The E-M5 writes its imaging data to SDXC cards, while the A7S III uses CFexpress or SDXC cards. The A7S III features dual card slots, which can be very useful in case a memory card fails. In contrast, the E-M5 only has one slot. The A7S III supports UHS-II cards (on both slots), while the E-M5 can use UHS-I cards.
For some imaging applications, the extent to which a camera can communicate with its environment can be an important aspect in the camera decision process. The table below provides an overview of the connectivity of the Olympus OM-D E-M5 and Sony Alpha 7S III and, in particular, the interfaces the cameras (and selected comparators) provide for accessory control and data transfer.
| WiFi |
| NFC |
|2.||Sony A7S III||Y||stereo||mono||Y||Y||full||3.2||Y||-||Y|
|4.||Olympus E-M5 II||Y||stereo||mono||Y||-||micro||2.0||Y||-||-|
|13.||Sony A7R IV||Y||stereo||mono||Y||Y||micro||3.1||Y||Y||Y|
|14.||Sony A7R III||Y||stereo||mono||Y||Y||micro||3.1||Y||Y||Y|
|16.||Sony A7R II||Y||stereo||mono||Y||Y||micro||2.0||Y||Y||-|
|17.||Sony A7S II||Y||stereo||mono||Y||Y||micro||2.0||Y||Y||-|
It is notable that the A7S III offers wifi support, which can be a very convenient means to transfer image data to an off-camera location. In contrast, the E-M5 does not provide wifi capability.
The A7S III is a recent model that features in the current product line-up of Sony. In contrast, the E-M5 has been discontinued (but can be found pre-owned on eBay). As a replacement in the same line of cameras, the E-M5 was succeeded by the Olympus E-M5 II. Further information on the two cameras (e.g. user guides, manuals), as well as related accessories, can be found on the official Olympus and Sony websites.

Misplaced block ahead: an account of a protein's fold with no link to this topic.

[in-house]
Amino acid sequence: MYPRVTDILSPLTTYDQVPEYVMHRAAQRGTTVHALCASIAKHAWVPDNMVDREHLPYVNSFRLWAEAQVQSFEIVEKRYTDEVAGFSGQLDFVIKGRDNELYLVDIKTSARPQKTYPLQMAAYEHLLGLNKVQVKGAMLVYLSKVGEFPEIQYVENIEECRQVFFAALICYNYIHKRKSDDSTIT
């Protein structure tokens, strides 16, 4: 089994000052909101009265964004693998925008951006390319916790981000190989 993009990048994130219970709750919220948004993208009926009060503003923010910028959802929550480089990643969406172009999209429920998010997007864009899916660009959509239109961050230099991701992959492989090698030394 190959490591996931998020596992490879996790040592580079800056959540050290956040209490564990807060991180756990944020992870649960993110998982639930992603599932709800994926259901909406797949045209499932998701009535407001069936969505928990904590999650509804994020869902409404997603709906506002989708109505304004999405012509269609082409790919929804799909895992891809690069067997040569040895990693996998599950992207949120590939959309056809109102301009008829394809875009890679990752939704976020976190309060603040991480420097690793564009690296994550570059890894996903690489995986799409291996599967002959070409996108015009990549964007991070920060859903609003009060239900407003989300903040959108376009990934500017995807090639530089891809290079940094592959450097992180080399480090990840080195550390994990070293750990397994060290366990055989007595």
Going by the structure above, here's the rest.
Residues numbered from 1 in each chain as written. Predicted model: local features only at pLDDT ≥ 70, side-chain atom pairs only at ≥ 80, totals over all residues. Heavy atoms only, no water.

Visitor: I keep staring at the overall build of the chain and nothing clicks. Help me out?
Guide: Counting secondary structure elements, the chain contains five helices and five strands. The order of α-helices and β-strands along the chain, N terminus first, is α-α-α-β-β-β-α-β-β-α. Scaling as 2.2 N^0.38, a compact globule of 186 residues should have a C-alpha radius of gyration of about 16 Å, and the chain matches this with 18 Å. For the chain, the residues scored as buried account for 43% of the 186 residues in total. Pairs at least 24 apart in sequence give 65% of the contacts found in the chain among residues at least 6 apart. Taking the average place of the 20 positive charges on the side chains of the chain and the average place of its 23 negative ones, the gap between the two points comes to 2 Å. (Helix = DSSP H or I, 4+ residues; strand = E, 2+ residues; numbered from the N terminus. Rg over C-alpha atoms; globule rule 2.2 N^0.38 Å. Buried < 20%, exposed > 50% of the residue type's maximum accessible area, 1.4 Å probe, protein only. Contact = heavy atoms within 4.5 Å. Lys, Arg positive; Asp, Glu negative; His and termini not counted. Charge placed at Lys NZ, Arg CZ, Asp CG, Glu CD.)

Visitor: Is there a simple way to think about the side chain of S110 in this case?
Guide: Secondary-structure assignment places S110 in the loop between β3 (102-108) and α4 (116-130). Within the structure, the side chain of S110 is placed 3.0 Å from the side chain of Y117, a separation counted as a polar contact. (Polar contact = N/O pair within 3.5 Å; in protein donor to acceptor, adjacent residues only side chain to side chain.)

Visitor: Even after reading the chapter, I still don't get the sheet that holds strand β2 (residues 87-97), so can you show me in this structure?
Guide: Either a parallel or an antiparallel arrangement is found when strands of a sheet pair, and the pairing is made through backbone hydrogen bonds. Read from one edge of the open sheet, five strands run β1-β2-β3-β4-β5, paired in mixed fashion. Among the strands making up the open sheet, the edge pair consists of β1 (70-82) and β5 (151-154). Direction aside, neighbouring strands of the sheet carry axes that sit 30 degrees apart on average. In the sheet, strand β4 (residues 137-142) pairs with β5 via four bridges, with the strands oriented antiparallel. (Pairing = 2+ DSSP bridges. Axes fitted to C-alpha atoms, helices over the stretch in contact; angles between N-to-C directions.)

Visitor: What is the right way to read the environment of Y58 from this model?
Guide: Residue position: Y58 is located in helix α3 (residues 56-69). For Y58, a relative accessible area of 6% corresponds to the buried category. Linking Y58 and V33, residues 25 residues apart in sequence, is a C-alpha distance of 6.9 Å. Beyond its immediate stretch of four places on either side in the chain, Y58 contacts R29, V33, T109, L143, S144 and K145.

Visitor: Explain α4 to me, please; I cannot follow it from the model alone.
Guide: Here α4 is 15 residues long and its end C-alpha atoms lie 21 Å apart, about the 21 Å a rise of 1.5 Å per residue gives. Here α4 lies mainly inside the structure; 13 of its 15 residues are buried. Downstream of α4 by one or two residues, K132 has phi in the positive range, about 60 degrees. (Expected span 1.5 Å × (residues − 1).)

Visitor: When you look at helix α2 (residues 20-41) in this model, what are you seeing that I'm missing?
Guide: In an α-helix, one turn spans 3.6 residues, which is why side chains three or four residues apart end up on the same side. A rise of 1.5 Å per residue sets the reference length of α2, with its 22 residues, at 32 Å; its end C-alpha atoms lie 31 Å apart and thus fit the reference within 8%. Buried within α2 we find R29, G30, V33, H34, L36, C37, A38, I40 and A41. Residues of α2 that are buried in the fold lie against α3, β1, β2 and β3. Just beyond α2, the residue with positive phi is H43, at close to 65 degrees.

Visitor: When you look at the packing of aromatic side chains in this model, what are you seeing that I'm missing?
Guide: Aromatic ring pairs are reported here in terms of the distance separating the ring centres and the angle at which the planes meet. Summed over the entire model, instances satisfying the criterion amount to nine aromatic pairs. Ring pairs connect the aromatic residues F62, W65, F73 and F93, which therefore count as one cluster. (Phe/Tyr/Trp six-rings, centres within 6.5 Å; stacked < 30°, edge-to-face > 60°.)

So what is the bottom line? Is there a clear favorite between the Olympus E-M5 and the Sony A7S III? Which camera is better? Below is a summary of the relative strengths of each of the two contestants.
Reasons to prefer the Olympus OM-D E-M5:
- More detail: Offers more megapixels (15.9 vs 12MP) with a 13% higher linear resolution.
- More compact: Is smaller (122x89mm vs 127x97mm) and thus needs less room in the bag.
- Less heavy: Is lighter (by 274g or 39 percent) and hence easier to carry around.
- More affordable: Was introduced into a lower priced category (63 percent cheaper at launch).
- More heavily discounted: Has been available for much longer (launched in February 2012).
Advantages of the Sony Alpha 7S III:
- Better image quality: Scores substantially higher (15 points) in the DXO overall evaluation.
- More dynamic range: Captures a broader range of light and dark details (1.6 EV of extra DR).
- Better low-light sensitivity: Can shoot in dim conditions (1.6 stops ISO advantage).
- Better video: Provides higher definition movie capture (4K/120p vs 1080/60i).
- Better sound: Can connect to an external microphone for higher quality sound recording.
- Better sound control: Has a headphone port that enables audio monitoring while recording.
- More detailed viewfinder: Has higher resolution electronic viewfinder (9440k vs 1440k dots).
- Larger viewfinder image: Features a viewfinder with a higher magnification (0.91x vs 0.58x).
- More detailed LCD: Has a higher resolution rear screen (1440k vs 610k dots).
- More flexible LCD: Has a swivel screen for odd-angle shots in portrait or landscape orientation.
- More selfie-friendly: Has an articulated screen that can be turned to be front-facing.
- Faster shutter: Has higher mechanical shutter speed (1/8000s vs 1/4000s) to freeze action.
- Less disturbing: Has an electronic shutter option for completely silent shooting.
- Longer lasting: Gets more shots (600 versus 360) out of a single battery charge.
- Easier travel charging: Can be conveniently charged via its USB port.